It was extremely hard to understand but we managed to resubmit the skill after fixing what we assumed was the issue. We got another rejection.

There aren’t a lot of Alexa resources and support at the moment – so Google wasn’t much help.

Finally, we understood that the sample utterances in the Interaction model should not be:

QuestionIntent What is the latest on {question value|question}

As documented, but rather: QuestionIntent What is the latest on {the presidential elections|question}

Which matches the example utterances in the publishing information:

“Alexa, Ask News Feed What is the latest on the presidential elections”

but without the invocation word “Alexa, Ask News Feed”.

Again – You need to use the actual value that you used at the example utterances, without adding the invocation word.

I found it very bizarre that the actual example should be in the sample (as the system should recognize any phrase following the “What’s the latest on” prefix).

3. Your Skill will probably not get accepted in the first attempt so plan ahead of time.

Amazon teams respond very quickly and analyze your skill within 1-2 business days.

Even after reading and learning from other people’s mistakes, you’re very likely to fail a submission or two. Instead of being worried about it, know that eventually you’ll figure it out and add a few extra days to your timeline to be able to check it back and forth.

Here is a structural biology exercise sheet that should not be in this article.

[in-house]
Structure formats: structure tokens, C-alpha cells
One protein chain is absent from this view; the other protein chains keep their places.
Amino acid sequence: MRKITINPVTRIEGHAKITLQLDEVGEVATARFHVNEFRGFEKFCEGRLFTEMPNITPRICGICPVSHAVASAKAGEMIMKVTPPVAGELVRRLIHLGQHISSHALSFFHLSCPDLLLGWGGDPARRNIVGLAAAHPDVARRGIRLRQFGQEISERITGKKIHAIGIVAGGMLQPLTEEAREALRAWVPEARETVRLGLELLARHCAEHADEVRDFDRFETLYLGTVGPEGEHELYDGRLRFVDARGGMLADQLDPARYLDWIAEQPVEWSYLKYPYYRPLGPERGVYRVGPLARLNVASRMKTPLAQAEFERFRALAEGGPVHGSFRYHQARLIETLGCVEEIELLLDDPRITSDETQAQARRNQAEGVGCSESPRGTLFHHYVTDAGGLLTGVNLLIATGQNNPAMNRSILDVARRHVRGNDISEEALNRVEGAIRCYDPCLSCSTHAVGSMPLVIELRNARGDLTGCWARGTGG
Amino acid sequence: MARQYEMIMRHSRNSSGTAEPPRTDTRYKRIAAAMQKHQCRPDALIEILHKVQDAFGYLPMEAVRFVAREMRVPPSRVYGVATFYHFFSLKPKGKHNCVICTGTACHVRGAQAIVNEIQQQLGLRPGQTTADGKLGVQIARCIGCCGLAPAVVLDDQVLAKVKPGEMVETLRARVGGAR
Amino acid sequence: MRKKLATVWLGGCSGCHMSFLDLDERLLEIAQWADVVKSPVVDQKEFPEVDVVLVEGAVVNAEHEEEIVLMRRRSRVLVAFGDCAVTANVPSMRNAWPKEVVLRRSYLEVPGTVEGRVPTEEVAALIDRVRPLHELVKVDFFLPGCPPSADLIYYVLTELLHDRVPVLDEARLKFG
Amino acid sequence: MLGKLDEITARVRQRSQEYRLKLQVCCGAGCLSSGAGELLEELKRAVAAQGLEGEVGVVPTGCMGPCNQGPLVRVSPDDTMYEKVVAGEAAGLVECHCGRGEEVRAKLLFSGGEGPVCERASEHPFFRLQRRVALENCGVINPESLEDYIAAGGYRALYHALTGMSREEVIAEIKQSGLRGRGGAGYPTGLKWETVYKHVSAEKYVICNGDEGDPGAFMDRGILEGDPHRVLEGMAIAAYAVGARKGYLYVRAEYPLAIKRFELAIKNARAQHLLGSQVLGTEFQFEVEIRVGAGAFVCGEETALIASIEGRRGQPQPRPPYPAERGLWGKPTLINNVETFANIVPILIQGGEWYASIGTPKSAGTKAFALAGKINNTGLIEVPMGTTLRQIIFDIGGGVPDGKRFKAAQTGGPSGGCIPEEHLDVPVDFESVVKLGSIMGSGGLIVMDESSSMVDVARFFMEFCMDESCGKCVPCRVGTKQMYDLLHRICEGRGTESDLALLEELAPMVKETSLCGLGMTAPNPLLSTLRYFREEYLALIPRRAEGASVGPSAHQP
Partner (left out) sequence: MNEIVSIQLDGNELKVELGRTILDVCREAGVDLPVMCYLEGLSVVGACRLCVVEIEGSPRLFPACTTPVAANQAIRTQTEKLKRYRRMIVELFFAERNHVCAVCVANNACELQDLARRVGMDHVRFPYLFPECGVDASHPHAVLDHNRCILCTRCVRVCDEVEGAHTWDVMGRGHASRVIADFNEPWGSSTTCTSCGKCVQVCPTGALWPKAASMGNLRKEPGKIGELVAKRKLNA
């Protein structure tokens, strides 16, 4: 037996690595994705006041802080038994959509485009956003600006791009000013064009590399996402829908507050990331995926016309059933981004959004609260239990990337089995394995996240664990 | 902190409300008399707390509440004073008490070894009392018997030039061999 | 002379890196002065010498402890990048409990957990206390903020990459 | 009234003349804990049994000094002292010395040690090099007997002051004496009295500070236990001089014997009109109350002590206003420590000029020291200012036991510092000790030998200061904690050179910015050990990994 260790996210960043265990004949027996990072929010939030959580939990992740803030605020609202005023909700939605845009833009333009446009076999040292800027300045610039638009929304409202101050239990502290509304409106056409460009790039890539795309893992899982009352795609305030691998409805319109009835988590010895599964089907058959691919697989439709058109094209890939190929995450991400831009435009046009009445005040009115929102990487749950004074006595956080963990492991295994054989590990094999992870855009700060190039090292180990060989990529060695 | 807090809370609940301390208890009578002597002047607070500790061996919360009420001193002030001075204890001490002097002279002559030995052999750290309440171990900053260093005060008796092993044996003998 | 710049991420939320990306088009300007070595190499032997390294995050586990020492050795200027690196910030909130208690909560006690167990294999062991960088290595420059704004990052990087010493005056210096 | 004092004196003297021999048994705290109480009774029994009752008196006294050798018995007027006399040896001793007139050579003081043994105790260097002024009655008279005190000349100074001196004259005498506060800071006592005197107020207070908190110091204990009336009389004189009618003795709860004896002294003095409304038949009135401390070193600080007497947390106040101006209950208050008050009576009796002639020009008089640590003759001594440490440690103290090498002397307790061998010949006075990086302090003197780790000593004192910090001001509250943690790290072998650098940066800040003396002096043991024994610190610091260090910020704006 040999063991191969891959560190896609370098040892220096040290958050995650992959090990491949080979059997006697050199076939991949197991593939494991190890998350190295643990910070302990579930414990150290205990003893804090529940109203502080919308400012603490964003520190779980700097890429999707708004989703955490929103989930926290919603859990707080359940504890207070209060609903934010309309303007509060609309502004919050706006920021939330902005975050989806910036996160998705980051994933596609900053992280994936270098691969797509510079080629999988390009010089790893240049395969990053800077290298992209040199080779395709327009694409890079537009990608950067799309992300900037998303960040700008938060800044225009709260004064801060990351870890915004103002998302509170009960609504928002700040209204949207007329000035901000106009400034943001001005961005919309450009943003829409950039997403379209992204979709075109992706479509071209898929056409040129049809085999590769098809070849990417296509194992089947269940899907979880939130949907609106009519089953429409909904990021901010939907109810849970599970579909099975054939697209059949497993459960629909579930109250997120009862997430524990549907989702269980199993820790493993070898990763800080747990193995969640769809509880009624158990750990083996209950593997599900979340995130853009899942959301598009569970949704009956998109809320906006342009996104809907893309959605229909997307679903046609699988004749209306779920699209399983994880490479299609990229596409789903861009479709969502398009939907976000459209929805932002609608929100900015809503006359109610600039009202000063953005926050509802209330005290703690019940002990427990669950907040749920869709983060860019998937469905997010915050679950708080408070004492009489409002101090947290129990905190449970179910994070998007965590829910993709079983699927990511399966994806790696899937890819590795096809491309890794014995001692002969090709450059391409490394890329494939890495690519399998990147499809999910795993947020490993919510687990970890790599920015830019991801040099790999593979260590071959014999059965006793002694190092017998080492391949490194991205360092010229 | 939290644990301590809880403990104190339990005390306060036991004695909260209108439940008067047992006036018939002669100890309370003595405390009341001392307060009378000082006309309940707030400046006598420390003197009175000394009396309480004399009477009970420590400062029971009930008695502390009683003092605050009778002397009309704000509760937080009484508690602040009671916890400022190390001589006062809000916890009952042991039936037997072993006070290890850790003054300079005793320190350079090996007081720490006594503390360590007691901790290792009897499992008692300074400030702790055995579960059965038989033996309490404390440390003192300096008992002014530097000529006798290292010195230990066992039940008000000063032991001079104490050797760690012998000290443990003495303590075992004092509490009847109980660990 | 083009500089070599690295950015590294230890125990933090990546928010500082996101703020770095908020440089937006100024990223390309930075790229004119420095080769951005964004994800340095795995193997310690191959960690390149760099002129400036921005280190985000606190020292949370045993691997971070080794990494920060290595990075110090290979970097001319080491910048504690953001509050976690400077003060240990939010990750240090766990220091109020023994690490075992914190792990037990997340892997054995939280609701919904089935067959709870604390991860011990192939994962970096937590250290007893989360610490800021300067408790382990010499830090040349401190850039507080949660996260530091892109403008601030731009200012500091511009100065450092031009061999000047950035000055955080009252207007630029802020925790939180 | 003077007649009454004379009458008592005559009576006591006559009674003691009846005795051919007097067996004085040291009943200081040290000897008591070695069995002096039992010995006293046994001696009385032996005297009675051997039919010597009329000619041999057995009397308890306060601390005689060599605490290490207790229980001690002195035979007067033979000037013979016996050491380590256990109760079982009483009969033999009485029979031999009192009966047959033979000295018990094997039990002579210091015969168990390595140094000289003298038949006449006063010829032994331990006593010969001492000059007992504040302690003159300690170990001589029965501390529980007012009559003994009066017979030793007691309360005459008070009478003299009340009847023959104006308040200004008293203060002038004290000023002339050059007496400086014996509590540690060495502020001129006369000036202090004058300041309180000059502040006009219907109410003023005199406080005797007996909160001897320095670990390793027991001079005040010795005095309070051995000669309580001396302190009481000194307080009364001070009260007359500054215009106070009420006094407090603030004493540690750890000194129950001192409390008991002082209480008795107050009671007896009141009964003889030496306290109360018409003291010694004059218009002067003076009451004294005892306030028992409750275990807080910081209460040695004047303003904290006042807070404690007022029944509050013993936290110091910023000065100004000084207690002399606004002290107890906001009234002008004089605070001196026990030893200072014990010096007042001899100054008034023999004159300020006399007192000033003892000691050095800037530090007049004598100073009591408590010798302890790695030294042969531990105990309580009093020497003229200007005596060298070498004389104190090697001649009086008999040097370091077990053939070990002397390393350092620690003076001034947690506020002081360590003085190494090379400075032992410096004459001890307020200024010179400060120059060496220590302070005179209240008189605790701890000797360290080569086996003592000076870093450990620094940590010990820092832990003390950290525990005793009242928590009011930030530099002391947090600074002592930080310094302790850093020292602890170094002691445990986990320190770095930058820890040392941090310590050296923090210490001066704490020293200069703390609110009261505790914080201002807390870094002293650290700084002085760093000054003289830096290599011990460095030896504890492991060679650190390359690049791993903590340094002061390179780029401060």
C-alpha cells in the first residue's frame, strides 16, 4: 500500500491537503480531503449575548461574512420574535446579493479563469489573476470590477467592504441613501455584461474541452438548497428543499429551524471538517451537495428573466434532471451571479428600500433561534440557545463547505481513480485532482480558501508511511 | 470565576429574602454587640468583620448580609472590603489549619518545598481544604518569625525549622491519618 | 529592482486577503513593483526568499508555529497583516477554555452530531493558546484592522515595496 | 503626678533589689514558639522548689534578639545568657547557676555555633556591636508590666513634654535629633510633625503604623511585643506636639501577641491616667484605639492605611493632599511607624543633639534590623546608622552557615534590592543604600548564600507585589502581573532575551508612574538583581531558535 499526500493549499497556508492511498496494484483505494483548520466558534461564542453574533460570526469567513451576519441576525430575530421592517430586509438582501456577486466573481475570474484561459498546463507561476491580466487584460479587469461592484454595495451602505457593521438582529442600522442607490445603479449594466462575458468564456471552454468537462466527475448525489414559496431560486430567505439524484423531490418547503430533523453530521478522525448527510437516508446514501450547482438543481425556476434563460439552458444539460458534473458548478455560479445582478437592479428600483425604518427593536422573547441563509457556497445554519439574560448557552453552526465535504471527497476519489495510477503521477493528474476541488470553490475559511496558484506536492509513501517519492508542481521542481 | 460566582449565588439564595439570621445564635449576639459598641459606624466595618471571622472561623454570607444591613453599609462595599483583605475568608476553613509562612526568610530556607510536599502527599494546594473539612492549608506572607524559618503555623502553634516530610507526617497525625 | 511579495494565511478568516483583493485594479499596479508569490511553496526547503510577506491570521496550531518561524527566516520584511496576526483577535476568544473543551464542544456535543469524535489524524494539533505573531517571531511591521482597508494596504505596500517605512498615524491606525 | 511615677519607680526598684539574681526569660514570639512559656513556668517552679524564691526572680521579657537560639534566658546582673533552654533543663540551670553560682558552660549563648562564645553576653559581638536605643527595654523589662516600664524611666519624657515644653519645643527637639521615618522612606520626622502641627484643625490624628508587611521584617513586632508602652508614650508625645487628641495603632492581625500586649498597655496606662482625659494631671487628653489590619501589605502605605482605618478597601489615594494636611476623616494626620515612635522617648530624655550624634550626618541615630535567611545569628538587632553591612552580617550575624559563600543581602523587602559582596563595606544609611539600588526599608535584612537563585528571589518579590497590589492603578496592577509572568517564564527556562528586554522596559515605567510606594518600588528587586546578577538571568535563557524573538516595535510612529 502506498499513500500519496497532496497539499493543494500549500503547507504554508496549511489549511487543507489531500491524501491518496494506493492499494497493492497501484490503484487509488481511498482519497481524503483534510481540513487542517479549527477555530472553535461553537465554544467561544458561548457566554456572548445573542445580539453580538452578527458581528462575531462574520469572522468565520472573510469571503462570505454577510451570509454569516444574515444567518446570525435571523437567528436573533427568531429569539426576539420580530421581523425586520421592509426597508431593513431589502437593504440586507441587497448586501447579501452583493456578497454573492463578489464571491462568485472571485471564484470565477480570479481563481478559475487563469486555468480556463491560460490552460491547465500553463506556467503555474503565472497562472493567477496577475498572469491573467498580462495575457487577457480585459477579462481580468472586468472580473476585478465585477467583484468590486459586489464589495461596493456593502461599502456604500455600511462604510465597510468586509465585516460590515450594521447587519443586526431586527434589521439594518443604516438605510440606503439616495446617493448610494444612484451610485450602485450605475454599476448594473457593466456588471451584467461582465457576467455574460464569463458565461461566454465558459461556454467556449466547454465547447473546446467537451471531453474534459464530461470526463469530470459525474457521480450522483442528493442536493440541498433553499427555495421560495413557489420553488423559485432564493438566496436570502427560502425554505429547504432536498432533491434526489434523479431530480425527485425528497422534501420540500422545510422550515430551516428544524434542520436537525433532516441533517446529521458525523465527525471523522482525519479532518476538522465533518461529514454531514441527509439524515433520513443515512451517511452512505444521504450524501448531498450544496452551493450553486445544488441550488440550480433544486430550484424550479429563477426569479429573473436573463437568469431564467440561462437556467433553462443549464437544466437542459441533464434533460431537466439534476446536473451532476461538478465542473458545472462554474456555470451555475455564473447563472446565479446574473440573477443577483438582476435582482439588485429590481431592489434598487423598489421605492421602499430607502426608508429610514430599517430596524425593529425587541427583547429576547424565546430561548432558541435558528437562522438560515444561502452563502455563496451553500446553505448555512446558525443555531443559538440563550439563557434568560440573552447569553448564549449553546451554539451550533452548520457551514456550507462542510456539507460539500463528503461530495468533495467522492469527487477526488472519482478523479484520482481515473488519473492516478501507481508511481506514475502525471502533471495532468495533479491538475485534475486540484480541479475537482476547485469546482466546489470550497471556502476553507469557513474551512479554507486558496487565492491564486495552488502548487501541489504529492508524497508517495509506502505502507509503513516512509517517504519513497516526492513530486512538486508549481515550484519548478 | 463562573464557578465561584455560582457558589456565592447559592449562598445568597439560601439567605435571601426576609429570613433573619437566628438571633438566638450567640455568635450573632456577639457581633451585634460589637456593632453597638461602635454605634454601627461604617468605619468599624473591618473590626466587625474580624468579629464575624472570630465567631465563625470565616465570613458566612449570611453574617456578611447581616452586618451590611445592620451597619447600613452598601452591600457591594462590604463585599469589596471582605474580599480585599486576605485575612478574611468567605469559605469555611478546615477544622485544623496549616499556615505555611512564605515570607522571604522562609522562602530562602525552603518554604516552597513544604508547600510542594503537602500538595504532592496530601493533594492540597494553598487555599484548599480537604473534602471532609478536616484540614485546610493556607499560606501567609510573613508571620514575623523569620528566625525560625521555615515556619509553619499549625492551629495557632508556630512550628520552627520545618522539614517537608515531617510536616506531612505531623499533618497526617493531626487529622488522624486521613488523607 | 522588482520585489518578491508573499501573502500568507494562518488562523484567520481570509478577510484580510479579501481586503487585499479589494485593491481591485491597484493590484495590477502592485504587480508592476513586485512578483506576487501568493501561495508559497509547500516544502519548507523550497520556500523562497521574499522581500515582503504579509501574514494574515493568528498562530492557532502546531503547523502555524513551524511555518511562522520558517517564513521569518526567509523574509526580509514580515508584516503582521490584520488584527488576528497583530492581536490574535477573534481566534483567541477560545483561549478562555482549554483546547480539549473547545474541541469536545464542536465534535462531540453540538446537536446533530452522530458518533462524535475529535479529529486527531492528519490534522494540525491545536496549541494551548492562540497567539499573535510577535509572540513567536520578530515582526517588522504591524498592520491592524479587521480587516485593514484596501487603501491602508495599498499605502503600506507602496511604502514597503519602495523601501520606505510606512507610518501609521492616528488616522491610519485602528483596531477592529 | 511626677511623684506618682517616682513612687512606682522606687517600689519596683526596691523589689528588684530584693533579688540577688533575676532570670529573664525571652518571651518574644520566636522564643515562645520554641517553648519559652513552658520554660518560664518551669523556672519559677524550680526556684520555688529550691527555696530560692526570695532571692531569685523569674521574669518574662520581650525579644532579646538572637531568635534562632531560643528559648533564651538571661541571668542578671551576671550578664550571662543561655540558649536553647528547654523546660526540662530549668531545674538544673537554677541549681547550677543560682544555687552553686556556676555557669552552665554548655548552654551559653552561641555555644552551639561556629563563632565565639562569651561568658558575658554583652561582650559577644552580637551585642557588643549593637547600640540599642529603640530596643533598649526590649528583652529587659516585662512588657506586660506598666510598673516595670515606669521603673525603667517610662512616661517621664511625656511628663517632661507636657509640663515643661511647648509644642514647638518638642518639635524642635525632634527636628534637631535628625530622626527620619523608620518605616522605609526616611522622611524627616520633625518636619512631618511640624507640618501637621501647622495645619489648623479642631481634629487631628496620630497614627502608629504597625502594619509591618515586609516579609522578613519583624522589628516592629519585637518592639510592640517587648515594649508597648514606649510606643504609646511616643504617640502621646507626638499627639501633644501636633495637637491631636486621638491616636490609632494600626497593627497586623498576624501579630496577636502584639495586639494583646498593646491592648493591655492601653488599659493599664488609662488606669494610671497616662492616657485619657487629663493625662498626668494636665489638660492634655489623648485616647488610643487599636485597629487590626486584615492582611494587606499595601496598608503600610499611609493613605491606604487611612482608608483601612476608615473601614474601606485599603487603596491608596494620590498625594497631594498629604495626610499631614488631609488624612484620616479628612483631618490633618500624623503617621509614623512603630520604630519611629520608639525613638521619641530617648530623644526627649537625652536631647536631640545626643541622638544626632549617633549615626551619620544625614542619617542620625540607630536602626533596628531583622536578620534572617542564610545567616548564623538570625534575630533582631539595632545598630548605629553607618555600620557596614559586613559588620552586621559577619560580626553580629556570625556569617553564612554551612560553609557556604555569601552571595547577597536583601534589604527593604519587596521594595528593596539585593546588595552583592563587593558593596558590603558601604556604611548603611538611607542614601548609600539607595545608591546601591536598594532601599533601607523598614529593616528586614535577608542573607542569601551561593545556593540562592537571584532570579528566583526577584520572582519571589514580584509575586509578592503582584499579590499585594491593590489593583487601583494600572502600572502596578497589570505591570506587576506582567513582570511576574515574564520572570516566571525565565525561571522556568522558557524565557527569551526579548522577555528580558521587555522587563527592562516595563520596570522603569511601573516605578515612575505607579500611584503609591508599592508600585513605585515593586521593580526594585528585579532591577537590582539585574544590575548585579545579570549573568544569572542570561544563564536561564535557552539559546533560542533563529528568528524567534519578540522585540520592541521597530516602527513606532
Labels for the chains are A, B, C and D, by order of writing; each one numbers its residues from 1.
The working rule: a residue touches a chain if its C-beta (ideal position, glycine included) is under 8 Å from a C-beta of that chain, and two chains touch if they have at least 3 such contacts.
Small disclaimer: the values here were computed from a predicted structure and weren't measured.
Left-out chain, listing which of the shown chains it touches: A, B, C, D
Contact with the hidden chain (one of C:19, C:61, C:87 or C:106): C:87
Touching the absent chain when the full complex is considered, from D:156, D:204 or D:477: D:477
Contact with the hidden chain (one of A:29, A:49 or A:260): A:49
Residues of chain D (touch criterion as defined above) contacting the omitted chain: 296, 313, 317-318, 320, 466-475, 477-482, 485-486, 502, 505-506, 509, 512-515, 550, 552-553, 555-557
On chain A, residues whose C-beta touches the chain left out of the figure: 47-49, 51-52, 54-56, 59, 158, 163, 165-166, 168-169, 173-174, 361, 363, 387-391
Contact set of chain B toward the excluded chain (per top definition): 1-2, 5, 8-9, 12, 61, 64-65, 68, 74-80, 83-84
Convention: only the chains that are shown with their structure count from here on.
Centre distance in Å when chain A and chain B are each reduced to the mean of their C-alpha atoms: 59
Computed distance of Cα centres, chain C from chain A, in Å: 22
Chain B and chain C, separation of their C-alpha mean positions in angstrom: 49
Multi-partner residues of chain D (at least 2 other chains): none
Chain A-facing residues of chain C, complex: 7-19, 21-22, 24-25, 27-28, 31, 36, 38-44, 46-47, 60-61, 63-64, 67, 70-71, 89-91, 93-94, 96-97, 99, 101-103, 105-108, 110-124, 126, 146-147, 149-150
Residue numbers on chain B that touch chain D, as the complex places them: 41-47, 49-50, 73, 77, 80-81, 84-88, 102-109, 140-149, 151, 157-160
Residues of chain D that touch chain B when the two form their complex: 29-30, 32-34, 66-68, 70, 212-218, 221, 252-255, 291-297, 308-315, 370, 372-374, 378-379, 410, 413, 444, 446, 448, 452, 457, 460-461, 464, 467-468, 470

The marketing and PR team will thank you.

[bctt tweet=”Developing an Alexa Skill? Don’t submit before reading this post” username=”Audio_Burst”]

 

Summary

Creating an Alexa skill is not a complicated process. It’s a very cool use of our product and many other products out there.

There is still not enough documentation on how to use Alexa nor on the review and submission process. You will probably encounter challenges we didn’t face during the submission phase – but still, as early adopters, it’s important to document as many cases to help future developers learn from past mistakes.

Have you encountered any problems submitting your skills? Share them with us in the comments (don’t forget to include your solutions).